What does it mean to be Black in America? That’s a big question. It can mean two things: One, that your ancestor was sold into slavery, crammed into a cargo ship, and forced to freely labor on plantations. From this dehumanizing process, the new identity of Blackness arises and unites those who were enslaved or whose ancestors were enslaved as African American. That is the history behind the racial construct of Blackness in America, a history we as a nation refuse to face. Two, we also describe those from the African diaspora as Black. Nevertheless, all people who are Black in America are subject to the ghosts and realities of centuries of oppression and racial injustice that weighs upon the visibility of their Blackness. To be blind to that history is to allow racism to become innocuous, to allow the comment “Well, they are not slaves anymore,” and to allow the injustice of the past to be reproduced today without a thought of how the game was rigged to begin with.
What are Asian Americans Actually Blind to When Promoting Colorblindness?
Not setting aside the fact that racism occurs in our Asian American communities, let us talk about being Asian and colorblind in America: Colorblindness from the Asian American community is required of the model minority. In order to be evidence of the American Dream and promote the ideals of a capitalist meritocracy, anyone (no matter their race, gender, class, etc.) can succeed if they work hard enough. The presence of institutional and systemic racism counters that narrative. Asian Americans become a pawn of white supremacy (often willingly and often unknowingly) when we prove that despite racism, we can succeed. It is high time to recognize that the model minority label exists to provide a racial wedge: “Asians in America can overcome racism; why can’t you?” When we don’t see color, we allow racial discrimination to become a personal failing, a weakness in character, instead of a result of prejudice and history.
Yet we know that the majority of Asian immigrants for the past few decades are granted visas because of their professional skills, giving them a leg up socioeconomically and culturally. Simultaneously, we know that there are still Asians (some of whom are refugees) who are struggling in America and directly counter the model minority myth — and instead of realizing that their position in life is due to racism (historically and institutionally), colorblindness points to an individual’s or group’s shortcomings, recreating and reproducing harmful stereotypes.
We should remember when Asian immigrants were banned. We should remember how places like San Francisco segregated Chinese children into separate schools. By forgetting the institutionalized racism we and other people of color face and pointing to those who triumph in the face adversity — not just Asian Americans, but token Black people like President Barack Obama and Oprah — we are reinforcing a narrow definition of who is American, while neglecting the privileges that we have and the inescapable oppressions others face.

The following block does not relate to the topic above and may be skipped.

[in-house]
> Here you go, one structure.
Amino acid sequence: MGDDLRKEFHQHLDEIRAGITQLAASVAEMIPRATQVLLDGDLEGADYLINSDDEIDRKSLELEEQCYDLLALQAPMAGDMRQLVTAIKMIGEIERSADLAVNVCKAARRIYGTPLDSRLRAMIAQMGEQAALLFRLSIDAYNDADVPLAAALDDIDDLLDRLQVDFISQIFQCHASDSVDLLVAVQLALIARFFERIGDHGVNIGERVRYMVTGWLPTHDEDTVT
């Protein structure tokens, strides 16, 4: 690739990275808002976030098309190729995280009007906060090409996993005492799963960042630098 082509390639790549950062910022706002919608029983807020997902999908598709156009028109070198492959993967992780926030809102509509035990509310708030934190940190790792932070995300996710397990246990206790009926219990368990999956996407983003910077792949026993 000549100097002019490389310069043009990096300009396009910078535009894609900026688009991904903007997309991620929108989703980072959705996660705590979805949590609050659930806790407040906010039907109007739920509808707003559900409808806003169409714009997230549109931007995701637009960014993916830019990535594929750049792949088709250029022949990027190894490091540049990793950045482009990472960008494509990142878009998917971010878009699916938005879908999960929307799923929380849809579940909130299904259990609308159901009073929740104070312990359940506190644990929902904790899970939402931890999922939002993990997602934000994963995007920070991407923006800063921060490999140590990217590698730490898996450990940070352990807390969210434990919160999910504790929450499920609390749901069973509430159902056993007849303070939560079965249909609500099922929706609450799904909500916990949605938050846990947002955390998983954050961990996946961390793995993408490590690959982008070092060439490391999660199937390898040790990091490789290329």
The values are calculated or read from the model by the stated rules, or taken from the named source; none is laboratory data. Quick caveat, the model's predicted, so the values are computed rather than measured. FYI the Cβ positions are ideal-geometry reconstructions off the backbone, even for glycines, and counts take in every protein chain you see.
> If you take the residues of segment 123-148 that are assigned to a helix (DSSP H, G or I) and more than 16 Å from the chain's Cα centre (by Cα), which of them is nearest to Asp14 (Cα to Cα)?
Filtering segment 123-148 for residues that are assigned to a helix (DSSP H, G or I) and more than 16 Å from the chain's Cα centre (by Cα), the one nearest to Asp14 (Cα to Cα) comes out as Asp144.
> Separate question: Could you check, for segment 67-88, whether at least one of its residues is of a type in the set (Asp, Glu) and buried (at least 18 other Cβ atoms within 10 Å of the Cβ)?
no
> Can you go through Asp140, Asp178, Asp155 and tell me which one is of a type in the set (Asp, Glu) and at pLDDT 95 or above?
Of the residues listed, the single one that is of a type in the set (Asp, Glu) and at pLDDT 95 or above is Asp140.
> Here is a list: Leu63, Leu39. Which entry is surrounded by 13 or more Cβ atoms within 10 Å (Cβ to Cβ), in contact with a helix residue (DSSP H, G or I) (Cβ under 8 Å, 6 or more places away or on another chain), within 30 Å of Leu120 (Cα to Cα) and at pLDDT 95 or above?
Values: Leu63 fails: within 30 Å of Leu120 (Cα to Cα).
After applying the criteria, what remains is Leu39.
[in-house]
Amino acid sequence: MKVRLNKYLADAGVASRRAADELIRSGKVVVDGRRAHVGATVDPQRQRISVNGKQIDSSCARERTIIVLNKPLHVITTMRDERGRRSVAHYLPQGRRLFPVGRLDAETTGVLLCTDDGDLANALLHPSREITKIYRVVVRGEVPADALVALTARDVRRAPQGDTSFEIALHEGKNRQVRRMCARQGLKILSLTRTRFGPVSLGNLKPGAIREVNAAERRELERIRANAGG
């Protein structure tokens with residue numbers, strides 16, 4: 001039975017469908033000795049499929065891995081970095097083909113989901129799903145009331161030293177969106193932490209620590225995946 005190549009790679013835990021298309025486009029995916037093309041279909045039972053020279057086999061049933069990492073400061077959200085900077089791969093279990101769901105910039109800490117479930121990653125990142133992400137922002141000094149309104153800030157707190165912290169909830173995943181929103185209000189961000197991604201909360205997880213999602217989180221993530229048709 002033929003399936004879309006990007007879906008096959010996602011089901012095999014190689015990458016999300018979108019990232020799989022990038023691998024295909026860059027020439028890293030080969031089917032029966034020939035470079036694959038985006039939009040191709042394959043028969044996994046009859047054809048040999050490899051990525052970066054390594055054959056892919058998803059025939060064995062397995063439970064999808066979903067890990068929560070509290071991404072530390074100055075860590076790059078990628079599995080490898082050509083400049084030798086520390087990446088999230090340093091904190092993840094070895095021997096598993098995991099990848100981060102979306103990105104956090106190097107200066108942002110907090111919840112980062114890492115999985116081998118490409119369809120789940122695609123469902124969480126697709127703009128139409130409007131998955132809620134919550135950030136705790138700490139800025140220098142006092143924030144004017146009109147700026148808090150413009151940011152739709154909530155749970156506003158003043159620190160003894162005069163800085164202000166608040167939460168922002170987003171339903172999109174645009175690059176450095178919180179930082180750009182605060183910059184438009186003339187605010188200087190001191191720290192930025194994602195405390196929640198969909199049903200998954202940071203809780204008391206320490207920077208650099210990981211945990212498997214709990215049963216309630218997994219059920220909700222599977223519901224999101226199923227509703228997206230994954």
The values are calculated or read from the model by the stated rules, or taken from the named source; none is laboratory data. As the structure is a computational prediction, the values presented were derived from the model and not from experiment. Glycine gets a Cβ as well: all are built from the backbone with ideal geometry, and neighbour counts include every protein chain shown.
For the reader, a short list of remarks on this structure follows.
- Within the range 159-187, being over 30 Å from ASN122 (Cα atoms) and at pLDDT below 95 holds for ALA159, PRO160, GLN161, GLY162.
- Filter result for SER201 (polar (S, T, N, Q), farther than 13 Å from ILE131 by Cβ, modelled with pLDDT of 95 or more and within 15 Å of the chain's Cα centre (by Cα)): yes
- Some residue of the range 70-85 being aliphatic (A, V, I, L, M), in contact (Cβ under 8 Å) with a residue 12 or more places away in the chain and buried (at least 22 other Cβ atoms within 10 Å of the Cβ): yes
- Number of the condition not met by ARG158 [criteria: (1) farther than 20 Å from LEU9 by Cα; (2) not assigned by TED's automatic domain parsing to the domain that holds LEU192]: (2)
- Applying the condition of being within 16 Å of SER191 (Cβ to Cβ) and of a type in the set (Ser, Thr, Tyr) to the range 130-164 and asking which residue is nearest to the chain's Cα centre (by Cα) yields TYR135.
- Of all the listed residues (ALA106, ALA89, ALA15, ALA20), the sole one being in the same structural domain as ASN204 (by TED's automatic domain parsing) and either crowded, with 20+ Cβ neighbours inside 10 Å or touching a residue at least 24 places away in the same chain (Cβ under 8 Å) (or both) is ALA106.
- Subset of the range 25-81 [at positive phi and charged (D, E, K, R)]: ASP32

How Can We Move from Colorblindness to Being Actively Anti-Racist?
What do we need to do to recognize Black people, to value them in our society? For us, Asian Americans, it means moving beyond the ideology of colorblindness and recognizing our anti-Blackness. For Americans as a whole, it means acknowledging our inner racist tendencies.
In his 2019 book “How to Be an Antiracist,” Ibram X. Kendi writes, “The opposite of racist isn’t ‘not racist.’ It is ‘anti-racist.’ What’s the difference? One endorses either the idea of a racial hierarchy as a racist, or racial equality as an anti-racist. One either believes problems are rooted in groups of people, as a racist, or locates the roots of problems in power and policies, as an anti-racist. One either allows racial inequities to persevere, as a racist, or confronts racial inequities, as an anti-racist. There is no in-between safe space of ‘not racist.”
To add to Kendi: Let us remember that being a racist is not an identity category. It is not a bestowed label. To be racist is a choice. In order to move away from wanting to be “not racist” to being anti-racist, we need to not think of racism as taboo.
For instance, to choose colorblindness in America is a racist action. Being colorblind puts the onus of oppression on the people themselves rather than the institutions that prohibit and privilege certain groups.
We all take part in racist actions every day. The question to ask is: Does the accumulation of those acts and your response in defense of your racist actions make you a racist? If so, are you ready to change?
Photo credit: Mika Baumeister//Unsplash
Mochi magazine’s Black Allyship @ Mochi column is an ongoing project that urges an awareness of racial injustice in the United States, particularly the oppression of Black people in America. The articles, resources and opinions we share are a call to action, an open discussion, and a place to take a stance against anti-Black racism. Read more about the column here.